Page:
80-year old office projects eco-logic

Niki May Young
Wednesday 03 Dec 2008

John Thompson & Partners architects maintain focus on the environment despite crunch-time distraction

Only a few months ago the threat to the future of our planet filled the front pages of our newspapers and dominated our television screens. Today the worldwide economic crisis has diverted people’s attention and environmental issues are lost among the latest stories of bank collapse and recession.

The issues surrounding the environment prevail. One urbanism and architecture practice, John Thompson & Partners (JTP), have taken the opportunity to practice what they preach in fitting-out their new offices using green technology in a practical attempt to tackle climate change and reduce their carbon footprint.

The new office in Clerkenwell, London is a former 1920s warehouse which offered JTP the opportunity to fit-out the building as ademonstration of sustainable office design. As tenants, JTP were not permitted to replace the critall windows or gas boiler. Working within the parameters of what they could do, JTP set out to utilise green technology in a building more than 80 years old.

Marcus Adams, Managing Partner of JTP says:“We believe there should be a much greater emphasis on tackling climate change through the upgrading of existing buildings.As new construction has dramatically slowed, the ability to effectively decrease CO2 emissions through designing new buildings, to better standards, has decreased. Retrofitting existing buildings with green technology will have a greater impact and we have used the opportunity to demonstrate how commercial buildings can be practically improved.”

JTP Special Projects, a studio set up to promote green architecture, has remodelled the building to incorporate an extensive range of innovative features.Solar and photovoltaic panels have been added to the south facing façade and double as sun shades for windows. Internally ‘phase change’ panels act as natural temperature moderators with panels containing paraffin wax absorbing heat during the day and releasing heat at night. Other walls have clay finishes designed to moderate humidity as well as temperature.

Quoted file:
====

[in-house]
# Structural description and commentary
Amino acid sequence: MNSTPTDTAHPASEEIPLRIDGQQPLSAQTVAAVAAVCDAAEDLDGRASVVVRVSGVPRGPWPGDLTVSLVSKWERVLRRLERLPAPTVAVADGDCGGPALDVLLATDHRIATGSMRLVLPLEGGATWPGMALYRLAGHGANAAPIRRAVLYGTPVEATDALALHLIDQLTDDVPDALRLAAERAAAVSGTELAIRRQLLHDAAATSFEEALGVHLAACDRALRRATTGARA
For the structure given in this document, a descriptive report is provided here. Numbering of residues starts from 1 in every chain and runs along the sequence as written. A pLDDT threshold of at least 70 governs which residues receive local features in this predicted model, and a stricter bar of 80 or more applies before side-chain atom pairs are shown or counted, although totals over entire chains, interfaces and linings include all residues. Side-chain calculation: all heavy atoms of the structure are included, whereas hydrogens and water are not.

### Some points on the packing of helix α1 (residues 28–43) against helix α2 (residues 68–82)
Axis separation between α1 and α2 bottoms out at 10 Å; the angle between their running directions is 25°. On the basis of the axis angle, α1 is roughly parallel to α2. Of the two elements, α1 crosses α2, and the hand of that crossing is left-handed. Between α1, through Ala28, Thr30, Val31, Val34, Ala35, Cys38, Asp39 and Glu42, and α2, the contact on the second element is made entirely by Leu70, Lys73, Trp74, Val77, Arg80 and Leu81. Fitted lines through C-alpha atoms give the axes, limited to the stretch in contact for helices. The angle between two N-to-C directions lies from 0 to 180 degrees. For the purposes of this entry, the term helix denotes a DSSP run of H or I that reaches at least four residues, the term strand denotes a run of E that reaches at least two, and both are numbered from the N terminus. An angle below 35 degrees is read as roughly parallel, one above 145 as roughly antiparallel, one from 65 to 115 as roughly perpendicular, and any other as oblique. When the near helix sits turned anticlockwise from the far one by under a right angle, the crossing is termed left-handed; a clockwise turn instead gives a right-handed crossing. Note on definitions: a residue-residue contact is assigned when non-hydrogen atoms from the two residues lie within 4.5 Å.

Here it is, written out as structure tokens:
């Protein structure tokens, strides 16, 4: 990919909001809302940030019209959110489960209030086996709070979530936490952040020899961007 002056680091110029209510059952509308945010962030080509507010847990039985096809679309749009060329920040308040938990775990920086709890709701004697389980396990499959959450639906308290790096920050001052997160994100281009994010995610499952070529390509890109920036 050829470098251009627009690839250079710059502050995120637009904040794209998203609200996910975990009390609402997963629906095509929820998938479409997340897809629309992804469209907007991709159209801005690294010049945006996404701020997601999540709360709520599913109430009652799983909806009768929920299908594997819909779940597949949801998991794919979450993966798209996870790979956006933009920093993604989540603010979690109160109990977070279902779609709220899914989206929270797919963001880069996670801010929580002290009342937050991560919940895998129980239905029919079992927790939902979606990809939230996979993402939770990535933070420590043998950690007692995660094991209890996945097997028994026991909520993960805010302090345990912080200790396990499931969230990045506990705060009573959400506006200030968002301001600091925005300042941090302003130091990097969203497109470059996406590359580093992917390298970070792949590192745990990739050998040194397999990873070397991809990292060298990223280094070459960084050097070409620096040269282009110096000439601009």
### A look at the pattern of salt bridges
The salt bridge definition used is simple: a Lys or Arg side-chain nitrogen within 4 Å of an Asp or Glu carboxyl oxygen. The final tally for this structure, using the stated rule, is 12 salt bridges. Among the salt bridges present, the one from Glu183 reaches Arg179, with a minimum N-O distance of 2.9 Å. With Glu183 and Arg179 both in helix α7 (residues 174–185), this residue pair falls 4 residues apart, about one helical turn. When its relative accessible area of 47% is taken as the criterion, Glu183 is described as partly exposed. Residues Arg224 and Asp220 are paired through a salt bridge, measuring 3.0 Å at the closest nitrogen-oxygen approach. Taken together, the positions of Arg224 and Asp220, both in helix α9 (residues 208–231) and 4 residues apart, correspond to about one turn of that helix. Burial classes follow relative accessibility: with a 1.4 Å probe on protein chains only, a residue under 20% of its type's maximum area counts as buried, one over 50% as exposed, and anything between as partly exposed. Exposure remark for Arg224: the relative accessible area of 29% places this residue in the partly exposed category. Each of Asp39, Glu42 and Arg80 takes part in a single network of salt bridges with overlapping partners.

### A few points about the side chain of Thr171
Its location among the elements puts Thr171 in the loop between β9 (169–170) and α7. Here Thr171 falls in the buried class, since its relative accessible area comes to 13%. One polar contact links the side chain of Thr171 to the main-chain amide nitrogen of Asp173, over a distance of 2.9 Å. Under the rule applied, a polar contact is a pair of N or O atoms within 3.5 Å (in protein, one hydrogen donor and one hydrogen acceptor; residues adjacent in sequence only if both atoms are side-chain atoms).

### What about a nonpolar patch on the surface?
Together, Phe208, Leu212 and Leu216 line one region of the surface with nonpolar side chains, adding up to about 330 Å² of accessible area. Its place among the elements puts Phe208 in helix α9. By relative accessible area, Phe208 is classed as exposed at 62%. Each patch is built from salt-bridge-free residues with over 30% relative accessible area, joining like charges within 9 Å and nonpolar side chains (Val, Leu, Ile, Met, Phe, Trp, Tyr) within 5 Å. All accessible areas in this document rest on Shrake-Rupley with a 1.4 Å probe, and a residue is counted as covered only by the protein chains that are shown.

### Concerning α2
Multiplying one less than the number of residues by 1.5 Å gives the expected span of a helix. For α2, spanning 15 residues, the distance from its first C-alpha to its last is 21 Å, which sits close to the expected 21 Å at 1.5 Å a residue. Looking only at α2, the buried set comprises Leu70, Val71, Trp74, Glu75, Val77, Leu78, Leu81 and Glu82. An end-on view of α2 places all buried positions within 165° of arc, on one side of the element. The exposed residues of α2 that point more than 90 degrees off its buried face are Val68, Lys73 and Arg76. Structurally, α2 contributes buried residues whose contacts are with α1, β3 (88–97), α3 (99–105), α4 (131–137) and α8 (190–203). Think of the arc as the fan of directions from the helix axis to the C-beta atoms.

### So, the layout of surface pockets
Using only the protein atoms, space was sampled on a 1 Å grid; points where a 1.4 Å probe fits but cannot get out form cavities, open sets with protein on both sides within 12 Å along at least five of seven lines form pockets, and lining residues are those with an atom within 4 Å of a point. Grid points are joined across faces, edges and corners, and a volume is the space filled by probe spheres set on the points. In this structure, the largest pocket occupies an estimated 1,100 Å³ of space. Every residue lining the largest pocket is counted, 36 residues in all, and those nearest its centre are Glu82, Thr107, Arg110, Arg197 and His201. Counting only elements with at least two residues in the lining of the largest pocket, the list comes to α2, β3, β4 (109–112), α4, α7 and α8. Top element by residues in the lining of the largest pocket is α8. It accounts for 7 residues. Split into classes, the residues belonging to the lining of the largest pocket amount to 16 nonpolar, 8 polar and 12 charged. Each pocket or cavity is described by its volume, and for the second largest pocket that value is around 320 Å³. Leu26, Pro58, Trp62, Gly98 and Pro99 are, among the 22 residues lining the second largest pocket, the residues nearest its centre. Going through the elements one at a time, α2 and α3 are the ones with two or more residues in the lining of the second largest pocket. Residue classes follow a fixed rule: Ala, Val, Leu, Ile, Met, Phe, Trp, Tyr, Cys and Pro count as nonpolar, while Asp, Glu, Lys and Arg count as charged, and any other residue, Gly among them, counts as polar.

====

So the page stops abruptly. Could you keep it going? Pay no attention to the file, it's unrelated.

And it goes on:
The office is naturally ventilated, but air conditioning is required for the computer server room. This represents a significant percentage of the total office energy requirement. Six photovoltaic panels have been incorporated to generate a proportion of this requirement.

Solar panels are used to pre-heat all the hot water including the showers, which is important in a practice where cycling to work is strongly encouraged. The new office includes secure indoor cycle storage, showers and even a supply of freshly laundered towels. Water from the showers is recycled to flush toilets.

JTP Special Projects Director Paul Miller says:“As promoters of green design we felt that our old office fell short of our aspirations to promote a more sustainable lifestyle. Now we are able to show clients a working model of various green technologies and passive design methods as we walk them around the office.”

Key Facts:

Architecture
United Kingdom
Commercial Offices

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